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BMI Accused of Company-Wide Racism.

Executives at BMI, one of the three major U.S. performing rights organizations have been accused of fostering a racist and toxic work environment by multiple current and former employees and musicians, according to a detailed report published in Rolling Stone magazine.

A Facebook post by former VP Doreen Ringer-Ross showed a picture of a crowded swimming pool in China. "Couldn't deal with it then", Ringer-Ross wrote. "Now just makes me scream and recoil."

Employees and musicians claim the action was "part of a larger pattern of racist statements and alleged racist behavior in recent years by multiple BMI executives. This is in contrast to BMI's historical position as an alternative to ASCAP's historically minority-shy writer base.

A BMI spokesperson told Rolling Stone that "personnel matters" are treated as confidential and would be inappropriate to make a companywide statement. BMI CEO Mike O'Neill acknowledged the incidents in a memo to staff.

“Today Rolling Stone magazine published a negative and disturbing article about BMI, accusing the company of fostering an overall toxic environment and condoning casual racism, mainly in our LA office,”

“This was a very difficult story to learn about and to read, because I absolutely believe that this is not at the core of who we are. While I’m proud of the progress we have made in our commitment to becoming more inclusive and diverse, we still have work to do.

“The majority of the story focuses on the statements and social media posts of two BMI employees. Let me be very clear – when behavior violates our core values, it is addressed. I believe that when people make mistakes and take ownership for them, they deserve the opportunity to correct them. It is how people learn and grow. But when they continue to make those mistakes, we will hold them accountable, and that is exactly what happened here.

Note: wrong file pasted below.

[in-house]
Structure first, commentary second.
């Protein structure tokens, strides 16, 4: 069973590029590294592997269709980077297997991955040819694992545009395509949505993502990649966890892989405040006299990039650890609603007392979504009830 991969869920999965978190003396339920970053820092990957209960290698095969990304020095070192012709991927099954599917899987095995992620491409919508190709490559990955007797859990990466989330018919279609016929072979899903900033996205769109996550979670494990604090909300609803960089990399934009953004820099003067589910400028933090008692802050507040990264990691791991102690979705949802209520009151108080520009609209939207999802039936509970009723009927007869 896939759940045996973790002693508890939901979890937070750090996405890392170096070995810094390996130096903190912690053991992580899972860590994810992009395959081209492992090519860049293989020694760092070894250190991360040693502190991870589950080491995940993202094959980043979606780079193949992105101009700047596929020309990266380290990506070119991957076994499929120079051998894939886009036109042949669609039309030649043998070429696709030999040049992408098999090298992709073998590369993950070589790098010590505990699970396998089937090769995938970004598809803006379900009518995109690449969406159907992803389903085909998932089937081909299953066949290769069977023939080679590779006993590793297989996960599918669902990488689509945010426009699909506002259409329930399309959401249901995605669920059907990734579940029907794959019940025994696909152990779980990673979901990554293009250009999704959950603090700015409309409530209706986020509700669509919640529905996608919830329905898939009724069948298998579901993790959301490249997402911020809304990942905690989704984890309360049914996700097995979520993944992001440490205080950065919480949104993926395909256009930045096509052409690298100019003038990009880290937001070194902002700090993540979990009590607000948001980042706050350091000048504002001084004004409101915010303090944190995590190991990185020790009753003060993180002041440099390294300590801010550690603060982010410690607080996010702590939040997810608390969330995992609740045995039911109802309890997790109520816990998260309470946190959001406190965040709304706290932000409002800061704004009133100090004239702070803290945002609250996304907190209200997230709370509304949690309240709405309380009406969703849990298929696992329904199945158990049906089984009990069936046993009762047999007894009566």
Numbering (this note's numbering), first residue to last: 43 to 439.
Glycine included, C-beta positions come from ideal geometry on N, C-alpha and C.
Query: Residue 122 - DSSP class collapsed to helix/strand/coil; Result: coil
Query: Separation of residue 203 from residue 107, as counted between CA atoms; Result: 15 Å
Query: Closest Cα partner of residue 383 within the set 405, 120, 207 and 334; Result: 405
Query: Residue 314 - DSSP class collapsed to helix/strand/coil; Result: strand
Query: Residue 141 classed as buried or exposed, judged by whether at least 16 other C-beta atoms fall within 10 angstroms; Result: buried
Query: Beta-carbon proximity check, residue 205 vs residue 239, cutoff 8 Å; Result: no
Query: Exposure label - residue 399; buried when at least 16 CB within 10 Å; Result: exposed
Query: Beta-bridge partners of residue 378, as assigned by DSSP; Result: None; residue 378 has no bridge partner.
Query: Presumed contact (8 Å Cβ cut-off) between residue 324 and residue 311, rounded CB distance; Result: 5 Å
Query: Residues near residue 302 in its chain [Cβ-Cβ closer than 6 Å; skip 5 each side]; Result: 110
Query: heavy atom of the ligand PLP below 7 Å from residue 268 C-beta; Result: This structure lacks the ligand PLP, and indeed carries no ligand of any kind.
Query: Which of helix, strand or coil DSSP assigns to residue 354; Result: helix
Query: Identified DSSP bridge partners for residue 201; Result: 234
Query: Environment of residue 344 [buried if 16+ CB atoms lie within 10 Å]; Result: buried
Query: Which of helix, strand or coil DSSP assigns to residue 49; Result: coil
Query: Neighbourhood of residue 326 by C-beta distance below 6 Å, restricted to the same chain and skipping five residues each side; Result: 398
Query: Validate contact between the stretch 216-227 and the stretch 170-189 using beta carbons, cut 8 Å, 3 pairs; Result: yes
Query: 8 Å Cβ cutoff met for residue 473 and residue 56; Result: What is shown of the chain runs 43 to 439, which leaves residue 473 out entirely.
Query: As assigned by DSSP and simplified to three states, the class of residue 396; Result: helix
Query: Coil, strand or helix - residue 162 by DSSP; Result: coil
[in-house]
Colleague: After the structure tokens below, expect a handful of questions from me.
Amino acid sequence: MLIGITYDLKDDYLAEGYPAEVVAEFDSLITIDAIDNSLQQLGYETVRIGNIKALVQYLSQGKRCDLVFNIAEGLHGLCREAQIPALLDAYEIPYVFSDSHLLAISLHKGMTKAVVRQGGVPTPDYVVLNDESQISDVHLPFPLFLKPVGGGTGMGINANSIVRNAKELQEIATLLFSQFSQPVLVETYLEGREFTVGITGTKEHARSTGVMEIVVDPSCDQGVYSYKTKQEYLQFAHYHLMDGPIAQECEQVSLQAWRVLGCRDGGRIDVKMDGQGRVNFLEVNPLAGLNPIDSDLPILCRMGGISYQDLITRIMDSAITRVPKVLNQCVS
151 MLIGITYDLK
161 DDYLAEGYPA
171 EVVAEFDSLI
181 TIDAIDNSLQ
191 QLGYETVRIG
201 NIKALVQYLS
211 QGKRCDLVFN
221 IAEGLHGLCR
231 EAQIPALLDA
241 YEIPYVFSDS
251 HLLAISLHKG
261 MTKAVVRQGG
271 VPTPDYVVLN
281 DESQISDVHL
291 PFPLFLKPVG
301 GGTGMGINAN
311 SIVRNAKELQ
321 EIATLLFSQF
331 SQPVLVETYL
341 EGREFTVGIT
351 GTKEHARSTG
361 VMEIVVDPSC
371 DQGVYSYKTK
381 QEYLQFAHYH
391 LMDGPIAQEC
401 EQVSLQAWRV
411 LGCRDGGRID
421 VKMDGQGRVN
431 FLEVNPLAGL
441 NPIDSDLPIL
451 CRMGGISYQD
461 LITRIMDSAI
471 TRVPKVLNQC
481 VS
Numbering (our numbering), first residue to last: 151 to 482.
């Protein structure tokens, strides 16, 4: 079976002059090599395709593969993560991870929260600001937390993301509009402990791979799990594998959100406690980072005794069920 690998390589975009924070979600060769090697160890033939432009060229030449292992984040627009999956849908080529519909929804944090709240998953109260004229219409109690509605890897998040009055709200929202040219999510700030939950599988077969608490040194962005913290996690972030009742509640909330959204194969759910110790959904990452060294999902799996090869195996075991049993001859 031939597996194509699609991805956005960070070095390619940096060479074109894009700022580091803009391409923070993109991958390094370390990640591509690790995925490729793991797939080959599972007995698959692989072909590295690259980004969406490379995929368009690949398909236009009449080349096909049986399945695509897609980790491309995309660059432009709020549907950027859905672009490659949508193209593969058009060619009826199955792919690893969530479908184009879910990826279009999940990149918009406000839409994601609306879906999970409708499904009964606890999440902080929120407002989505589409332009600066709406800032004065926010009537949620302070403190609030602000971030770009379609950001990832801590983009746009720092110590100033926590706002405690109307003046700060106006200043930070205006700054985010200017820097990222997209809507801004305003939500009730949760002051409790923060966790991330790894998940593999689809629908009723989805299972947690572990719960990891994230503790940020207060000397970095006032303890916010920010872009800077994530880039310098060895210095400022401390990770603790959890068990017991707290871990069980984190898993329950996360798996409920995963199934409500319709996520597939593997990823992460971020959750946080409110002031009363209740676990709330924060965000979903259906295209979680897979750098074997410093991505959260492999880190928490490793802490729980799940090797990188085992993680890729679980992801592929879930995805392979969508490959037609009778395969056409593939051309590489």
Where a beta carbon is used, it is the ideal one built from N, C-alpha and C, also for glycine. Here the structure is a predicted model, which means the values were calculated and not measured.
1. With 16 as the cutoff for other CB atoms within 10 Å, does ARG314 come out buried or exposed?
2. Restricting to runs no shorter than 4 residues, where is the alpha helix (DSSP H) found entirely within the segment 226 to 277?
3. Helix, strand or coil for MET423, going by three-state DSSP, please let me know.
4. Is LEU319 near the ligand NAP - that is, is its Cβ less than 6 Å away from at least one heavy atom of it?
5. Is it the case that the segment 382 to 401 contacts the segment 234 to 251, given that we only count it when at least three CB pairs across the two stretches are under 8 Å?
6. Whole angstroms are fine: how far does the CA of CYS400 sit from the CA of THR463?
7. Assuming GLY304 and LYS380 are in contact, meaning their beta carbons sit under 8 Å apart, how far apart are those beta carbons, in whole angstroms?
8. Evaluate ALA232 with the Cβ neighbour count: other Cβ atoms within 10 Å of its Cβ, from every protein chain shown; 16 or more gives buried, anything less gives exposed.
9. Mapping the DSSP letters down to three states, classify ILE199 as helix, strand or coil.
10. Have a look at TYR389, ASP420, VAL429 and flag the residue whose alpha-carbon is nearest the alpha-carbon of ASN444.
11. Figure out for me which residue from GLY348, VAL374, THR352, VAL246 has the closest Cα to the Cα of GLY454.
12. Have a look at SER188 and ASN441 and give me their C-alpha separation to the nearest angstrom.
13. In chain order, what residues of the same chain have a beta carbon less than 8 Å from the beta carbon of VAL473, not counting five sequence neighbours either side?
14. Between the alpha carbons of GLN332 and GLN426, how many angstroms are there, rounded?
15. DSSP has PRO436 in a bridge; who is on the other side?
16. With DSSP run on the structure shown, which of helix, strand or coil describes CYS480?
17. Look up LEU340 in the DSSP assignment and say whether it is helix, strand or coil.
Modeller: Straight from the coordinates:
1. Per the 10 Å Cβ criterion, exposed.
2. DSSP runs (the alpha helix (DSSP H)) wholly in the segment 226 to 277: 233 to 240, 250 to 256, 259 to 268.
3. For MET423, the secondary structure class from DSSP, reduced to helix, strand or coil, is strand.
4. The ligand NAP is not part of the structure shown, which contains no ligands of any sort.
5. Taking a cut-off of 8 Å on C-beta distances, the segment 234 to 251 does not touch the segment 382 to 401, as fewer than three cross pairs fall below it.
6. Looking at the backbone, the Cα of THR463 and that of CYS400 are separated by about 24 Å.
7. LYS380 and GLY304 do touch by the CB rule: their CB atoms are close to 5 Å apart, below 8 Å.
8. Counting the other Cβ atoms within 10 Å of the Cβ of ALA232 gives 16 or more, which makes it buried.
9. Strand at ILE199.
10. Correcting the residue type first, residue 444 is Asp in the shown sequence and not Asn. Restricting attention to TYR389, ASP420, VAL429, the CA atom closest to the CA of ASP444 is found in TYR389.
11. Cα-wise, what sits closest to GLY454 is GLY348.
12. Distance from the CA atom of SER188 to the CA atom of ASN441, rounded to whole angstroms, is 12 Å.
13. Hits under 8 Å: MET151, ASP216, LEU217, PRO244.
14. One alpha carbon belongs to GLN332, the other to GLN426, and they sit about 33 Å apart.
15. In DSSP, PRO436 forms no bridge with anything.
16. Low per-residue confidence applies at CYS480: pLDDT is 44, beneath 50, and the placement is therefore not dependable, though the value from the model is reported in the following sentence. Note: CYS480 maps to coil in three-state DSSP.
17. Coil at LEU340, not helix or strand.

“While I know some of you may ask why these matters weren’t addressed in a more public manner at the time (something this story also raised), I would stress that we treat all personnel matters with complete confidentiality out of respect for our employees’ privacy. Just because there is no public announcement does not mean there was no disciplinary action taken. While we understand that may be frustrating for some, it remains our policy and that will not change.

“Please also know that we provided Rolling Stone with a number of important facts and statistics that were counter to the narrative of this story. They were not included, for reasons that I can’t say. What I can say is that I believe we are on the right path forward and that the changes we have already started will continue for the better. As you know we are currently recruiting for a Diversity, Equity, Inclusion and Social Responsibility Officer, reporting directly to me, one of many steps we have already taken. We will continue to address these issues head on and work hard to ensure a diverse and equitable culture. This has been and will continue to be my top priority.”

The article also references a lawsuit from 2016 brought by two BMI employees against the company and three BMI executives alleging a culture of discrimination, harassment and retaliation, which is "especially intense and harshly directed toward Latinos."

O'Neill disputed Rolling Stone's characterization of the lawsuit, which was settled in 2019.

“There is also reference to a lawsuit with two former employees,” he wrote. “We investigated this and found it to be completely without merit. We also shared with Rolling Stone, which they failed to include, that the lawsuit actually cut-and-pasted complaints made against other companies and non-BMI employees and then left those other names in the complaint against BMI. We absolutely disagreed with the allegations raised in the lawsuit, as well as the comments about it. As for why we settled? Litigation is expensive and a distraction from day-to-day work. While an unfortunate reality, sometimes it is more pragmatic to settle. In hindsight, perhaps we should have made a different decision.”

The Rolling Stone article also references BMI executive Barbara Cane as "publicly expressing a preference for white doctors" in 2018. A BMI representative explained Cane’s comments led to an internal investigation, though BMI declined to comment on any specific actions taken.

Cane explained through a BMI company representative “I made a very unfortunate statement several years ago that I have regretted deeply ever since,”

In 2019 Cane was recognized by the National Music Publishers Association for lifetime service.

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